A masterful story is a lot of things. It carries plot, characterisation, tension, meaning, and absolutely, unequivocally does not make its audience go, “What? Where the fuck did that come from?”

The Sixth Sense
Not to be confused with, “What? Where the- oh. Ohhhhhhh!”

The WTF reaction from your audience is one of the fastest ways to get people to hate your story. There’s a reason people froth at the mouth when discussing the Deus ex Machina trope. People hate feeling left out of the loop.

The loop, in this case, being the Setup/Payoff cycle.

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Thor: Ragnarok Poster

For Writers + Pop Culture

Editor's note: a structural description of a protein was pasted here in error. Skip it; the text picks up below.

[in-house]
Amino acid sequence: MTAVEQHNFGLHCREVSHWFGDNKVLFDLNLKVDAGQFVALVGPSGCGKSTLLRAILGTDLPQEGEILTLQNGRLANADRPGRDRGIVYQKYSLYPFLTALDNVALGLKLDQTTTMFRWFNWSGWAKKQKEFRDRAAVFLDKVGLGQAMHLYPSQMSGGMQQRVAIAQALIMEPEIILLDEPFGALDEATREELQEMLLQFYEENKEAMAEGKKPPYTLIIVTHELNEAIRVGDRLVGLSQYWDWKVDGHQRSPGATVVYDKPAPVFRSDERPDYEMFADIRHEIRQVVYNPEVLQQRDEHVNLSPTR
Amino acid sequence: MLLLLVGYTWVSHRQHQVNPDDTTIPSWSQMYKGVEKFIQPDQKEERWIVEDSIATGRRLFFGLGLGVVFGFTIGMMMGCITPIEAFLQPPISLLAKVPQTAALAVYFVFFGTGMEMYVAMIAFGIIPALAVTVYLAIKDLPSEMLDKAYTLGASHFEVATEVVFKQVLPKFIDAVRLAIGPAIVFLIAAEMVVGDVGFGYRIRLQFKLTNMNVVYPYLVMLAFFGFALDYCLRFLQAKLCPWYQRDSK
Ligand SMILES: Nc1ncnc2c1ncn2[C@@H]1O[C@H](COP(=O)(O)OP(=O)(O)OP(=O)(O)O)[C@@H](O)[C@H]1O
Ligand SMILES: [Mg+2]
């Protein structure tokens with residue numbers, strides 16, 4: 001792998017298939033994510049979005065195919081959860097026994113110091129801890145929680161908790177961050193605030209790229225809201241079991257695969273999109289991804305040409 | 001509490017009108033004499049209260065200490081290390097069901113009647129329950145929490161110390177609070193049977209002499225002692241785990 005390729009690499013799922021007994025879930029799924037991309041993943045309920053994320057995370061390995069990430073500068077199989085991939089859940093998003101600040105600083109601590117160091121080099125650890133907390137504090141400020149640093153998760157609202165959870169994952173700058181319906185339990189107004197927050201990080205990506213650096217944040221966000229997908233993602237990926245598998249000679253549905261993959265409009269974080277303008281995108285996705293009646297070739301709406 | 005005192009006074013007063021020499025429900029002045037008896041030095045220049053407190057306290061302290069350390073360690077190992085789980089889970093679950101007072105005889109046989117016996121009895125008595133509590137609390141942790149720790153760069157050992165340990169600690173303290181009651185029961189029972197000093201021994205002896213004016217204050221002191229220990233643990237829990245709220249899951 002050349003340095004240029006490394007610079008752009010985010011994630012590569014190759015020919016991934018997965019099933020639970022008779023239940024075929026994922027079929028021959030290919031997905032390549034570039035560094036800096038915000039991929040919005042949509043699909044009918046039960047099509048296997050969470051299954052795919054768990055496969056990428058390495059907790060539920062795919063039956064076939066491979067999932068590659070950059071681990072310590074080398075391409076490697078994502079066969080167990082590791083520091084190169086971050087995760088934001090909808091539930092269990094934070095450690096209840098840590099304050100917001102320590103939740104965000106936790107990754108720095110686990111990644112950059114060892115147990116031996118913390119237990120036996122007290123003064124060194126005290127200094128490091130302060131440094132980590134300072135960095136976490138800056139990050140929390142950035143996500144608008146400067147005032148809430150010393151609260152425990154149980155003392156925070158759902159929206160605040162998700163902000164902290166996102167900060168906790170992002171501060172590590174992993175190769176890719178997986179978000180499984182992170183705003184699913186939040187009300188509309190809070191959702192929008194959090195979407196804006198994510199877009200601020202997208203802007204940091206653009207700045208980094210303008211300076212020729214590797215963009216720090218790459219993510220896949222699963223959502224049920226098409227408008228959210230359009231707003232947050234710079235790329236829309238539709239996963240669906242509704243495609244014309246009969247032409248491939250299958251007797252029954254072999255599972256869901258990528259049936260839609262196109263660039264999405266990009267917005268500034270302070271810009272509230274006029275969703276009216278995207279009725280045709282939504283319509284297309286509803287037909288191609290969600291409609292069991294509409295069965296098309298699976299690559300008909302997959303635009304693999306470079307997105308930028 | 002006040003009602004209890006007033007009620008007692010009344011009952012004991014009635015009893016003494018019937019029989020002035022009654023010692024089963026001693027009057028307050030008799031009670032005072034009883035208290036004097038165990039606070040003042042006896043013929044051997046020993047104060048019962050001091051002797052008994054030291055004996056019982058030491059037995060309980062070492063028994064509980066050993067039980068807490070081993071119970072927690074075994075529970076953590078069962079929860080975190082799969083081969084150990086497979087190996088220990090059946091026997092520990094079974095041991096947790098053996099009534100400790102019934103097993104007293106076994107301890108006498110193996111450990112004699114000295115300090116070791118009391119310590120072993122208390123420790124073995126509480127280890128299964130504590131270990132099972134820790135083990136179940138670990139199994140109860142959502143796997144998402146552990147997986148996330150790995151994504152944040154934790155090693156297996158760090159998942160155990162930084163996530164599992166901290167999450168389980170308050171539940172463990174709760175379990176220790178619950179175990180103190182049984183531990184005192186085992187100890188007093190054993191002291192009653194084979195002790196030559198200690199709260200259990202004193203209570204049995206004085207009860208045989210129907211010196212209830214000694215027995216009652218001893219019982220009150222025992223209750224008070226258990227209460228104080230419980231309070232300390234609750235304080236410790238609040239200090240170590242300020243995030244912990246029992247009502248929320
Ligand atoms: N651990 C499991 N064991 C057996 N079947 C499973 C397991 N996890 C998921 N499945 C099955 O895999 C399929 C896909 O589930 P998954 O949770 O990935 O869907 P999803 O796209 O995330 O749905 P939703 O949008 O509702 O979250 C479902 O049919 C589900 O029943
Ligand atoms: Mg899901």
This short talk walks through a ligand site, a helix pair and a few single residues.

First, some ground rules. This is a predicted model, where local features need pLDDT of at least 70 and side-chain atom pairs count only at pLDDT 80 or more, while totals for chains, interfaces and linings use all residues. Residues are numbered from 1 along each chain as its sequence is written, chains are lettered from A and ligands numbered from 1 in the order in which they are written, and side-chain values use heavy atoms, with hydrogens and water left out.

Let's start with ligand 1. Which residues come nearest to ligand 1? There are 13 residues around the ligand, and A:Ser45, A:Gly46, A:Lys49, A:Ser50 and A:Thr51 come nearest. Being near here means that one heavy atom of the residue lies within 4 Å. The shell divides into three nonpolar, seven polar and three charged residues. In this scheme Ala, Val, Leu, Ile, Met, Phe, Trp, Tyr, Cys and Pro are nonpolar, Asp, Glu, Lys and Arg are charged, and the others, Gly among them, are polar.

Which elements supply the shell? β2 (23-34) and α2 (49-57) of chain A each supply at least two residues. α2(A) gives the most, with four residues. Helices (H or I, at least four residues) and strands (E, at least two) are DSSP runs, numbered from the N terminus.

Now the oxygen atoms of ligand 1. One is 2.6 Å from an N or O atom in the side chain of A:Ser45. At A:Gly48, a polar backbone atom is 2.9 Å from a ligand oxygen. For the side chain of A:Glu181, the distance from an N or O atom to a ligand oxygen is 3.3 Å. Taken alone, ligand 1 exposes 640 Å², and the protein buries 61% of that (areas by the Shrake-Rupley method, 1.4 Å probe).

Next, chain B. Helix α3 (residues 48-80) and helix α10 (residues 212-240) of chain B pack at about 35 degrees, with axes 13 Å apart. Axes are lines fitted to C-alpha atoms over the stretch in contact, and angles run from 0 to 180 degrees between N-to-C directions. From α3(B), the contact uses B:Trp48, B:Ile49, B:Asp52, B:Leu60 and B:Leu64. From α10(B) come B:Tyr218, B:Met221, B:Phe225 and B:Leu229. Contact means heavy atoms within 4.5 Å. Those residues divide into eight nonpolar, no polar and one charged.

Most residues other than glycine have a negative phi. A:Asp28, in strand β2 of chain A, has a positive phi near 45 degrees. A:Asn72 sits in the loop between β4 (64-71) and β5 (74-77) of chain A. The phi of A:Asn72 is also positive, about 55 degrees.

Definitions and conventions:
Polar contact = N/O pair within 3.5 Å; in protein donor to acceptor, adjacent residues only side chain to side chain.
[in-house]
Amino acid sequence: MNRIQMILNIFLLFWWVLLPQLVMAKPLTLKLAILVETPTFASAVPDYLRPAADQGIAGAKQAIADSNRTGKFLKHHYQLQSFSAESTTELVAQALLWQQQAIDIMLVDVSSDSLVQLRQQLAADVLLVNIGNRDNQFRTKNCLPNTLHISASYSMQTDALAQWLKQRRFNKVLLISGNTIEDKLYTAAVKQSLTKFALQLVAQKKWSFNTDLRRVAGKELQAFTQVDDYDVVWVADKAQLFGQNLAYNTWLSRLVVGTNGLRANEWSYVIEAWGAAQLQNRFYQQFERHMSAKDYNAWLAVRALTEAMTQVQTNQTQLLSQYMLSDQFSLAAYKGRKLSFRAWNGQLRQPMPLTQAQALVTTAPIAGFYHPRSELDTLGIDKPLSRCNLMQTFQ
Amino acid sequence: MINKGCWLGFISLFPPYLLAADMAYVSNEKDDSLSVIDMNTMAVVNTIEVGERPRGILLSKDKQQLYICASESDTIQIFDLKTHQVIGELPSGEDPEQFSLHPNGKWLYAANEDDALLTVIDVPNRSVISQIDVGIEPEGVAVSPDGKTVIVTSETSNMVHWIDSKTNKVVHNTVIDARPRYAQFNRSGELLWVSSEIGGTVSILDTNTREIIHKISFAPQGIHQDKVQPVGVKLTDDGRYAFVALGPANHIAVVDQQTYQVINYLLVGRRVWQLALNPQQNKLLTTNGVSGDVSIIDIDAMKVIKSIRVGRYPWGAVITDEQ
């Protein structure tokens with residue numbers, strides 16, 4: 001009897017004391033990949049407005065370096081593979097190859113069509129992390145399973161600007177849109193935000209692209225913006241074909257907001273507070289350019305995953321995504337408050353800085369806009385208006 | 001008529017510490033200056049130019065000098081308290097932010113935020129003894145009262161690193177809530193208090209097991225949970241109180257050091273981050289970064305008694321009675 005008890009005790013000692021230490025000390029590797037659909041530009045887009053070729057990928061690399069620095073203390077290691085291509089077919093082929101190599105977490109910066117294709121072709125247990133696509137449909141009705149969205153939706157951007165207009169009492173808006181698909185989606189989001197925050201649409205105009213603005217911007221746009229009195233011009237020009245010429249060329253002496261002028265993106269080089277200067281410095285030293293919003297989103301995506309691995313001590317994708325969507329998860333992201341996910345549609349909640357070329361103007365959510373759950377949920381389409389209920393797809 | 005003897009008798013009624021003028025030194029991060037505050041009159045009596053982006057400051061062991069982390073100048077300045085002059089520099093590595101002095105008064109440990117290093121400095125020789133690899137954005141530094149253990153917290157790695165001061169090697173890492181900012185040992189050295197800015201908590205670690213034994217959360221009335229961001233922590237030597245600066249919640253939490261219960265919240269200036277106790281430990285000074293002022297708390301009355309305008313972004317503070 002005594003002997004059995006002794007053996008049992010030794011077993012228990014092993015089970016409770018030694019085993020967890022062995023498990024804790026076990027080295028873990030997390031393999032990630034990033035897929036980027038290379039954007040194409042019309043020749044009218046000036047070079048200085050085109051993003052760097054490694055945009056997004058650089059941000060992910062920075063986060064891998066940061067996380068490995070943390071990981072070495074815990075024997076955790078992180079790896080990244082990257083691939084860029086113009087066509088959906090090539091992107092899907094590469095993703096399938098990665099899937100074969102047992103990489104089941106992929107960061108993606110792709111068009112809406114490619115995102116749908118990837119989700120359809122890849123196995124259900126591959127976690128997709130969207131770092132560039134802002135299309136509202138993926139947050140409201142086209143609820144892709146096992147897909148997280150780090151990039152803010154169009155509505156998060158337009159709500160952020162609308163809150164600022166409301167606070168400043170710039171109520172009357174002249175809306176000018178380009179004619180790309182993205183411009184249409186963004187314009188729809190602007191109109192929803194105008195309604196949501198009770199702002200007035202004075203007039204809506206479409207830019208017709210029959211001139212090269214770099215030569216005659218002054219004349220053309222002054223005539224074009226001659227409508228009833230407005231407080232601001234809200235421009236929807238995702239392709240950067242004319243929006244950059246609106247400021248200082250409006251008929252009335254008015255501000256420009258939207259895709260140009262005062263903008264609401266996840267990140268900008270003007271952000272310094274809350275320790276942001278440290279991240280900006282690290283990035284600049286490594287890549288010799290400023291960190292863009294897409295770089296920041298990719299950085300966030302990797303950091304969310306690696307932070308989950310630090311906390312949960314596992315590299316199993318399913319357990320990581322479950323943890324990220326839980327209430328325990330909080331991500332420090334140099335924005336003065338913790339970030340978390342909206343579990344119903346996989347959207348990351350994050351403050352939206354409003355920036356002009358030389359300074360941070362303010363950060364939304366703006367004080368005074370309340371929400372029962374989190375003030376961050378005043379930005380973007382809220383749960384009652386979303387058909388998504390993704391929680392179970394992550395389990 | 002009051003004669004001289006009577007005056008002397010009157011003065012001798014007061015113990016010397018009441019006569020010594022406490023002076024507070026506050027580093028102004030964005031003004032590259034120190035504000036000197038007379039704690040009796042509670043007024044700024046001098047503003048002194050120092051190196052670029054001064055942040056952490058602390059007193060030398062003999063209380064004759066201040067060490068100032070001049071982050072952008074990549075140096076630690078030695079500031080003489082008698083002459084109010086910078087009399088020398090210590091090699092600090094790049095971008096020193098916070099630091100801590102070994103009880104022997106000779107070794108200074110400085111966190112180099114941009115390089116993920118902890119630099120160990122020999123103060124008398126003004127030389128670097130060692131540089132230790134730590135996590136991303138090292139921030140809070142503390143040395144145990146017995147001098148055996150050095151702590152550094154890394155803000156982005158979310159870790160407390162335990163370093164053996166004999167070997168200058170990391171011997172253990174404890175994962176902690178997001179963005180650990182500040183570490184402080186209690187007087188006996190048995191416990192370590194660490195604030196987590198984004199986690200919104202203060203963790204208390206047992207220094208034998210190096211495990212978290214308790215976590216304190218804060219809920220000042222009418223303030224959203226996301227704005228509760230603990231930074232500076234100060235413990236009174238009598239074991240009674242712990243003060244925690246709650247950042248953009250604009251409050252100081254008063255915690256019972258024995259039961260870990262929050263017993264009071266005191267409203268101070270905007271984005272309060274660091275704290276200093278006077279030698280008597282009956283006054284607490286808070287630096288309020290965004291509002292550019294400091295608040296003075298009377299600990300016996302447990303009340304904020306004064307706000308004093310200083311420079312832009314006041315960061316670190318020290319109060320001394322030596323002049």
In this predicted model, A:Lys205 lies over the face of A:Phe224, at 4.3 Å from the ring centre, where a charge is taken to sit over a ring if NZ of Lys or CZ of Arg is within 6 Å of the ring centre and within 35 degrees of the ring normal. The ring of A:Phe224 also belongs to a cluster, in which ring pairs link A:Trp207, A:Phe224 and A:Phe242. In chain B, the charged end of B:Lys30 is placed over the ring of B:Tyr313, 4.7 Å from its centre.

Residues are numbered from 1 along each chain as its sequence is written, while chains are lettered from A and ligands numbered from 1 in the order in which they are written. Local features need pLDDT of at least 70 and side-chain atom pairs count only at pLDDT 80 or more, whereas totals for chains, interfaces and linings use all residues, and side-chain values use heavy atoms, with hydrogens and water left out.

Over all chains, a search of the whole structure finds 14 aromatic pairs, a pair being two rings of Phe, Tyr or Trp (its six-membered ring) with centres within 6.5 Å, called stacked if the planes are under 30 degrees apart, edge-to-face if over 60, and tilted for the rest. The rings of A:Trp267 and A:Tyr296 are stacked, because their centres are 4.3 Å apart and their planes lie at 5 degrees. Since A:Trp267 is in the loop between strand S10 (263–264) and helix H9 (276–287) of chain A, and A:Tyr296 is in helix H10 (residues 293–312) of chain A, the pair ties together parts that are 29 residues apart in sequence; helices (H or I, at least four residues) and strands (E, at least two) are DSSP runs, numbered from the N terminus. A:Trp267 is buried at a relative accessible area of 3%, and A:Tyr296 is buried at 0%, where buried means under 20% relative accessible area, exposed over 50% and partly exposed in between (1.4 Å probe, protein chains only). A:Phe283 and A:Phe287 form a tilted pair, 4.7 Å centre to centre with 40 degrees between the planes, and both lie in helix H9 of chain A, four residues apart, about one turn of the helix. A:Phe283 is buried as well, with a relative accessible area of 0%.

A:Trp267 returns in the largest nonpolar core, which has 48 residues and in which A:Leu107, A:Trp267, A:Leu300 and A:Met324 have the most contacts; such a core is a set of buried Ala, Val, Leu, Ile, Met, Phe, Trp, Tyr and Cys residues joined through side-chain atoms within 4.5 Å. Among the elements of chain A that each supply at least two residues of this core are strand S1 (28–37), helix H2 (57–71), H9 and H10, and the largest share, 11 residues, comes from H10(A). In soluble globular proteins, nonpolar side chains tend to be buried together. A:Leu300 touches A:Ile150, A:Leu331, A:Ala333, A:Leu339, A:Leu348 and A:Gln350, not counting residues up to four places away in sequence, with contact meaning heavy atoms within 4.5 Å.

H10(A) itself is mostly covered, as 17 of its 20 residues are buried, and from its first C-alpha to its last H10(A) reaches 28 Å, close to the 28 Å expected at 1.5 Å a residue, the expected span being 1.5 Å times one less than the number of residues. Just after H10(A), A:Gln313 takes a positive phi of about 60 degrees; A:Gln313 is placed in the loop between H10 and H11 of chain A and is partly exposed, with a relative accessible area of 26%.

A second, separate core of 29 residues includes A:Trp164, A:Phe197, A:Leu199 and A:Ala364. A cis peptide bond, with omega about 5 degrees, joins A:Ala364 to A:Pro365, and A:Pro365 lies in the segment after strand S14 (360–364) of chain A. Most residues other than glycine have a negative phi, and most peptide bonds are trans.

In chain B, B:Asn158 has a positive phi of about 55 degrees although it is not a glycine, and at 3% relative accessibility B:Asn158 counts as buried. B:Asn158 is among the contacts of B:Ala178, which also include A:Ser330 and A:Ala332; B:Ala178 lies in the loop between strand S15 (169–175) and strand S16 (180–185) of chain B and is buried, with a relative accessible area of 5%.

What Writers Can Learn from Thor: Ragnarok

Spoilers for Thor: Ragnarok ahead! I also allude to scenes and sequences from Star Wars: The Last Jedi and both Guardians of the Galaxy movies just FYI.


I saw Thor: Ragnarok in cinemas when I was having a particularly rough time and for a brief, shining moment the world was good again. My pain was forgotten, my depression cured, flowers bloomed beneath my feet as I left the cinema and bunnies stood poised to break into song.

Taika Waititi is the sort of storyteller I would step over a body to have a beer with. As someone who’s been steadily falling out of love with the Marvel Cinematic Universe over the last few years, Thor: Ragnarok was like a shot of adrenalin. It was funny, it was heartfelt, and it broke so many rules but in the best of ways.

Here’s my rundown of what writers can learn from Thor: Ragnarok.

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